“All authority has been given to Me in heaven and one earth,”(Matt 28:18b). Our first observation would be the emphatic entrusting of authority to Jesus Christ. “All” speaks to the totality and completeness of a thing. “All” is a key word in this passage, with four occurrences, with every one of them instilling confidence for the task being commissioned.  In having “all authority,” we understand that there is no bit of authority that has not been granted to Him in regards to the heavenly or earthly sphere.

The heavenly is that in which demons and angels war. As seen before, “Satan is the prince of the power of the air” (Eph 2:2), and the ruler of this world (John 14:30). The earthly realm is where we live now, and where Satan “prowls around like a roaring lion, seeking someone to devour” (1 Pet 5:8b). The demonic influence, the world system that Satan has orchestrated (Acts 26:18), and the lust and pride that exude from our fallen nature (1 John 2:16) would all be included.   

The first grand truth of this commissioning is Jesus’ place in the midst of all of this. It is one of “authority.” “He spoke as one already in heaven with a world-wide outlook and with the resources of heaven at his command.”[3]This authority stands as the promised power of the Lord Jesus Christ, being mentioned first in order to correctly set the stage for the commissioning that would follow. Had Jesus not said this (meaning that He did not have this authority), His Great Commission would be one that would only have the flesh serving as its power, and the power of the flesh is only toward sin (Jas 1:14-15), having no real power at all (John 6:63; Rom 8:8). Charles Stanley writes, “We can confidently bring the truth of Jesus to the world because we have Jesus’ divine authority to back it up. Our job is to be His faithful messengers; His job is to prosper His Word.”[4]

“Go therefore…”(Matt 28:19a). The word “go” is a passive aorist participle which is typically explained as conveying “not a command to go, but the assumption that the listener will automatically be going. In other words, the idea expressed is ‘as you are going.’”[5]Some may say, “As we are going about throughout life,” or, as the marginal note of the NASB reads, “having gone…” “Going” is commonly explained as the first of three participles (along with “baptizing” and “teaching”) used that constitutes what it is to “make disciples.”[6]

However, Greek grammarian Robert H. Mounce has considered this argument and disagrees. While the word “go” in Matthew 28:19a is, in fact, a participle, its function should not be interpreted as a noun, as would be a possibility in English grammar (commonly known as a gerund). He writes that the participle is “picking up the mood of the main verb. Since matheusate(“make disciples”) is an aorist active imperative, poreuthentesshould be translated ‘Go.’ Jesus’ instructions are proactive; we are to move out into the world, not simple [sic]make disciples when we happen to be there.”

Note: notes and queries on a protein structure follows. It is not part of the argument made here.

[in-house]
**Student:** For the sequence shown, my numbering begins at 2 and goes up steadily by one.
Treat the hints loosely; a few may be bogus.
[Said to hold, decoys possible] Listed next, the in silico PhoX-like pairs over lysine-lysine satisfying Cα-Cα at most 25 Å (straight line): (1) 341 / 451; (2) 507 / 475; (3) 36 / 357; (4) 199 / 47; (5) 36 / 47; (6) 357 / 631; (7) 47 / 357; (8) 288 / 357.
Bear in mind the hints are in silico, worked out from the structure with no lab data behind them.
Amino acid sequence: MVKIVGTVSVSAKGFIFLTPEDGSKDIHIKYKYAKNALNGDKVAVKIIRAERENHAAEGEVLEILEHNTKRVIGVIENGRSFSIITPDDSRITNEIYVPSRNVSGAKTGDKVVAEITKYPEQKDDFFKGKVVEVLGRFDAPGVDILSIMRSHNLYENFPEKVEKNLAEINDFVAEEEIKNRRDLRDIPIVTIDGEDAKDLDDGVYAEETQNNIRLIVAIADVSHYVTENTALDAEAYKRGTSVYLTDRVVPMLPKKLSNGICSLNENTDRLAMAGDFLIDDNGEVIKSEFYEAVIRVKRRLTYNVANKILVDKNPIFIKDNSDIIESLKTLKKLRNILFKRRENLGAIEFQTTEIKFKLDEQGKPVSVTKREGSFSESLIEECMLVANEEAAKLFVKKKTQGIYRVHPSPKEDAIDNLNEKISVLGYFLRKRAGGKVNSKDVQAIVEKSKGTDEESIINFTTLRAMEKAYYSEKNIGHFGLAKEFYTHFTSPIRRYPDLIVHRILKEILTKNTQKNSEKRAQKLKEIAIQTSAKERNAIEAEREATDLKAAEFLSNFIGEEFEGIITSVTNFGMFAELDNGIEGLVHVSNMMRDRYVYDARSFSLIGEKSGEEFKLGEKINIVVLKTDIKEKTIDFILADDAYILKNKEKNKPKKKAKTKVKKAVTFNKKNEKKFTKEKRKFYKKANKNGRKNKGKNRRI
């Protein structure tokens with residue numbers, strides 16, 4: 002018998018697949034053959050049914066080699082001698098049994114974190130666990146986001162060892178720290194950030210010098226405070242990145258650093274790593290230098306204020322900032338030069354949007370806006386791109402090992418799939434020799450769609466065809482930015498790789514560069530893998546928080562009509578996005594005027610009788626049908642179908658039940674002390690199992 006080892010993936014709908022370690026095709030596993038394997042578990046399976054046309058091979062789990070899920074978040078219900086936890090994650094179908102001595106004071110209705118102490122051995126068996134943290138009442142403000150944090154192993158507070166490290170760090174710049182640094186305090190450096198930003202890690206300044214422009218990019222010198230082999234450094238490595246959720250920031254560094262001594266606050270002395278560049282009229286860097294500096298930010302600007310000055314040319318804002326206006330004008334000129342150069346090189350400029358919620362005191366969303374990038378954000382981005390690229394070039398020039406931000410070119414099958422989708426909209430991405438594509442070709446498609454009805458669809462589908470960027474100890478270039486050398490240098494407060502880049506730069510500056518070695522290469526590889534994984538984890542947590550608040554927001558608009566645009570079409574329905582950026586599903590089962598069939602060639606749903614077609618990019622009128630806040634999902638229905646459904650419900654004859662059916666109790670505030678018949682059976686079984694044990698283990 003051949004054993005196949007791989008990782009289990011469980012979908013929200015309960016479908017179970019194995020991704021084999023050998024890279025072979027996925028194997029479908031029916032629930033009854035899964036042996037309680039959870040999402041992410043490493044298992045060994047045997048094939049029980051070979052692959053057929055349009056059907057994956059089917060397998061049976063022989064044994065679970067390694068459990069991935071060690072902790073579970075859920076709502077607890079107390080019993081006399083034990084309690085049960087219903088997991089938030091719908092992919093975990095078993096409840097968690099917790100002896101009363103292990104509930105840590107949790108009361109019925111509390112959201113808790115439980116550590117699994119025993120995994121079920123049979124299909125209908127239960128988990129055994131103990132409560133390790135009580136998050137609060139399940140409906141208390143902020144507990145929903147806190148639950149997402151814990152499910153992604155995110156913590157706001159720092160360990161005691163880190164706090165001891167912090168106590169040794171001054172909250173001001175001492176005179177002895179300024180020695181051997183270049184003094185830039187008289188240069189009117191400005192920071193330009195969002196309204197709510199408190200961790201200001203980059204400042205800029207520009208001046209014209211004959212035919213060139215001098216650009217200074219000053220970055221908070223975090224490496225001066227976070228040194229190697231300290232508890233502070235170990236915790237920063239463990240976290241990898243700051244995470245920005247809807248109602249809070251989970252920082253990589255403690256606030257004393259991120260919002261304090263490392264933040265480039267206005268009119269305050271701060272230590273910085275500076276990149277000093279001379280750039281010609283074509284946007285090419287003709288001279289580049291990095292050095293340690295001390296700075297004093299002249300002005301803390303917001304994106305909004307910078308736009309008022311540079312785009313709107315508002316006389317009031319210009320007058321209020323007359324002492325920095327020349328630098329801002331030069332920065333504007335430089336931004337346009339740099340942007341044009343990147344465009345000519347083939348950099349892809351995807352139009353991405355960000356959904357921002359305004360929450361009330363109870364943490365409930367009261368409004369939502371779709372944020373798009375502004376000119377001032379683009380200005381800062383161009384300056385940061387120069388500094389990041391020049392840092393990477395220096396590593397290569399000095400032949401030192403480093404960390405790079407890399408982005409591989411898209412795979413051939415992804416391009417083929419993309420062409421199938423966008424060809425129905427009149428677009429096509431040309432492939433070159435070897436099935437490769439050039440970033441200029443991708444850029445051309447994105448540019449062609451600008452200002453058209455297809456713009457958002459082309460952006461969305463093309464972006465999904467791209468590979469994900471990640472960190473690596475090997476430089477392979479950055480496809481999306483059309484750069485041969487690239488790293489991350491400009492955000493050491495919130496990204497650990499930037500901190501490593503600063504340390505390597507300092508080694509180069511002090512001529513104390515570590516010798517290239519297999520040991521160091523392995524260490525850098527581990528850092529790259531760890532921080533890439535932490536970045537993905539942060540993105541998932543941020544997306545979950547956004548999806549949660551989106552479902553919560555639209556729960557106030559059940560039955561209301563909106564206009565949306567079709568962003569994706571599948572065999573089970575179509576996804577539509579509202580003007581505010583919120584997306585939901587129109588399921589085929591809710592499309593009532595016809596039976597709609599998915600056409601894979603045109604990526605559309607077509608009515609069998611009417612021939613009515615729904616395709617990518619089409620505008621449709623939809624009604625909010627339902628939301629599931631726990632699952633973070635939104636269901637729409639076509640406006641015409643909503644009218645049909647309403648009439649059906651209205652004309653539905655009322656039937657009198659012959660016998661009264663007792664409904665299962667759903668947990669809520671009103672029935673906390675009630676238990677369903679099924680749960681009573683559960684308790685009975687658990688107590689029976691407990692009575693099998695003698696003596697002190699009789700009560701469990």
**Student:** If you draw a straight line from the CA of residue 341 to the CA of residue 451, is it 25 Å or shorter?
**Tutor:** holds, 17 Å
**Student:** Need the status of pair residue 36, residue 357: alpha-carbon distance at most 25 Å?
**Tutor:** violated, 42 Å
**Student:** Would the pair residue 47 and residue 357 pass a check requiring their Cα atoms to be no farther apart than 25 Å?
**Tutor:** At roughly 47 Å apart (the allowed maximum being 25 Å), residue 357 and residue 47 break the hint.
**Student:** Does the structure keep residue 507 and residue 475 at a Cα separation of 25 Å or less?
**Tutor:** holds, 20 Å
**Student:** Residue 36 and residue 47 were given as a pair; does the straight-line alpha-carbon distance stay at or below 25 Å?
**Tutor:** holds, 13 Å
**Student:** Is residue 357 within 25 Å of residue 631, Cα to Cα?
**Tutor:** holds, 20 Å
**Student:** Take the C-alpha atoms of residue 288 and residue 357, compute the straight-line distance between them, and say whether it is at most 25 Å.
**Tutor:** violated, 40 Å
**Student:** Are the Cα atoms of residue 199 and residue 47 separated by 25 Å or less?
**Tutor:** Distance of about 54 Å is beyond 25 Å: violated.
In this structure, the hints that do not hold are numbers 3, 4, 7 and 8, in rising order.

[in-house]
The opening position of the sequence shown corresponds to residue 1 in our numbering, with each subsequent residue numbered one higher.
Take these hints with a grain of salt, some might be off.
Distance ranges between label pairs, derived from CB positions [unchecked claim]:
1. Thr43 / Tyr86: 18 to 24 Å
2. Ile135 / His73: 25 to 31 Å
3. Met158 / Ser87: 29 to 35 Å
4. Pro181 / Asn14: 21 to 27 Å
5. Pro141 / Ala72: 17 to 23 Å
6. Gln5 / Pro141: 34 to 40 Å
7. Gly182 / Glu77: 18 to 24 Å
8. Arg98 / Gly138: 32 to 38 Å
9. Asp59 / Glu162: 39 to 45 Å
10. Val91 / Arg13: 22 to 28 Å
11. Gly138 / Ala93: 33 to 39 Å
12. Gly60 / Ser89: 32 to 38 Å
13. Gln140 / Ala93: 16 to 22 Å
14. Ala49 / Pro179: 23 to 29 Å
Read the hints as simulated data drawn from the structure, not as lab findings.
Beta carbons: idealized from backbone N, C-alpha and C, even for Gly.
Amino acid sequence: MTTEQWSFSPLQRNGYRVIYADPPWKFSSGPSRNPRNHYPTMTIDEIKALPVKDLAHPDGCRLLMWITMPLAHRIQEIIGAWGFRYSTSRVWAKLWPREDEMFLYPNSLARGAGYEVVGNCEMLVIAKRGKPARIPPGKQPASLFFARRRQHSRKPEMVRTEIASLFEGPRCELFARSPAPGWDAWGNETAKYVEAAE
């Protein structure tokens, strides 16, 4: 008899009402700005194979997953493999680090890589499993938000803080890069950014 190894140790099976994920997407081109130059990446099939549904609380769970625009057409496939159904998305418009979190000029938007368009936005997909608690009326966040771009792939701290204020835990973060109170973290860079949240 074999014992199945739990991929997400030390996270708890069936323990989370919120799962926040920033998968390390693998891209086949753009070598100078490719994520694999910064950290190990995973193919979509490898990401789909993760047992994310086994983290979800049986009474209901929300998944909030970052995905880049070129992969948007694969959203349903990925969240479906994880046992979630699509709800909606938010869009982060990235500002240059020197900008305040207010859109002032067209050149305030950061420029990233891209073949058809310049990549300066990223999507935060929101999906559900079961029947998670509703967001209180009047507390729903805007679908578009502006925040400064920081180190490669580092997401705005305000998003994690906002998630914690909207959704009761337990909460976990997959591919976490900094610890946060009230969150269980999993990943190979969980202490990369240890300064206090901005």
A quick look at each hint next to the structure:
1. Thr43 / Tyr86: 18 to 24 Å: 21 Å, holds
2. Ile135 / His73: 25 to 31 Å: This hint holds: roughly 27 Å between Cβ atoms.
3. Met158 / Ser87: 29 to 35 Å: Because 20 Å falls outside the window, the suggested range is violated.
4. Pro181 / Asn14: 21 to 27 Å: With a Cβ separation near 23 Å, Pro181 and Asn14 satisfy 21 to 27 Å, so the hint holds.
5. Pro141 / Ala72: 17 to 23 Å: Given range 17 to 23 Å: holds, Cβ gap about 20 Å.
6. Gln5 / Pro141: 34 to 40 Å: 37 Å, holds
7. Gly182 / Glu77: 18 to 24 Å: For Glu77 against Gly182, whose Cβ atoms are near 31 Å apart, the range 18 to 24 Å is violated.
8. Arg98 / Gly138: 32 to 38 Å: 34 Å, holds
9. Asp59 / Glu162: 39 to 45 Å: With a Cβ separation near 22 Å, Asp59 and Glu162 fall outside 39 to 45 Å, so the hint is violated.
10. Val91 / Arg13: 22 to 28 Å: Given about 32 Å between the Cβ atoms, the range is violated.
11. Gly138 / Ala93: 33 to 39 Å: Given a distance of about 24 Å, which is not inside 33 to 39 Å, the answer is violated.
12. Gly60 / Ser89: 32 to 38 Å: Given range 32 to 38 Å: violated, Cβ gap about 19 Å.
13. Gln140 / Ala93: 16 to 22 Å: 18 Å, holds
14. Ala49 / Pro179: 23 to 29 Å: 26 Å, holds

He goes on to state that he “found that in the New Testament there are twenty-seven occasions where poreuthentesis followed by a main verb in the imperative mood. The result? In every case the participle should be translated as an imperative.”[7]From this, we can conclude that “make disciples” (as will be discussed in the next section) stands as the main imperative verb, but the participles of “go,” “baptize,” and “teaching” are all to be considered as imperatives that stem from the main verb.

Why does this matter? This understanding shows us the importance of each facet being listed. “Go,” “baptizing,” and “teaching” are all carrying the mood of the imperative to “make disciples.” Each piece should be considered as a command with the same weight as “make disciples.” We ARE to “go,” we ARE to “baptize,” and we ARE to “teach,” because our lives, from the moment that we trusted in Jesus Christ as our personal Savior, are to be lived in obedience to the task of making disciples that has been placed before us. This means that we are to be a people who have been called to intentional living. We are to do this by the power granted in the authority of the Lord Jesus Christ, and we are to confidently move forward because the presence of the Lord Jesus Christ is never apart from us (Matt 28:20b).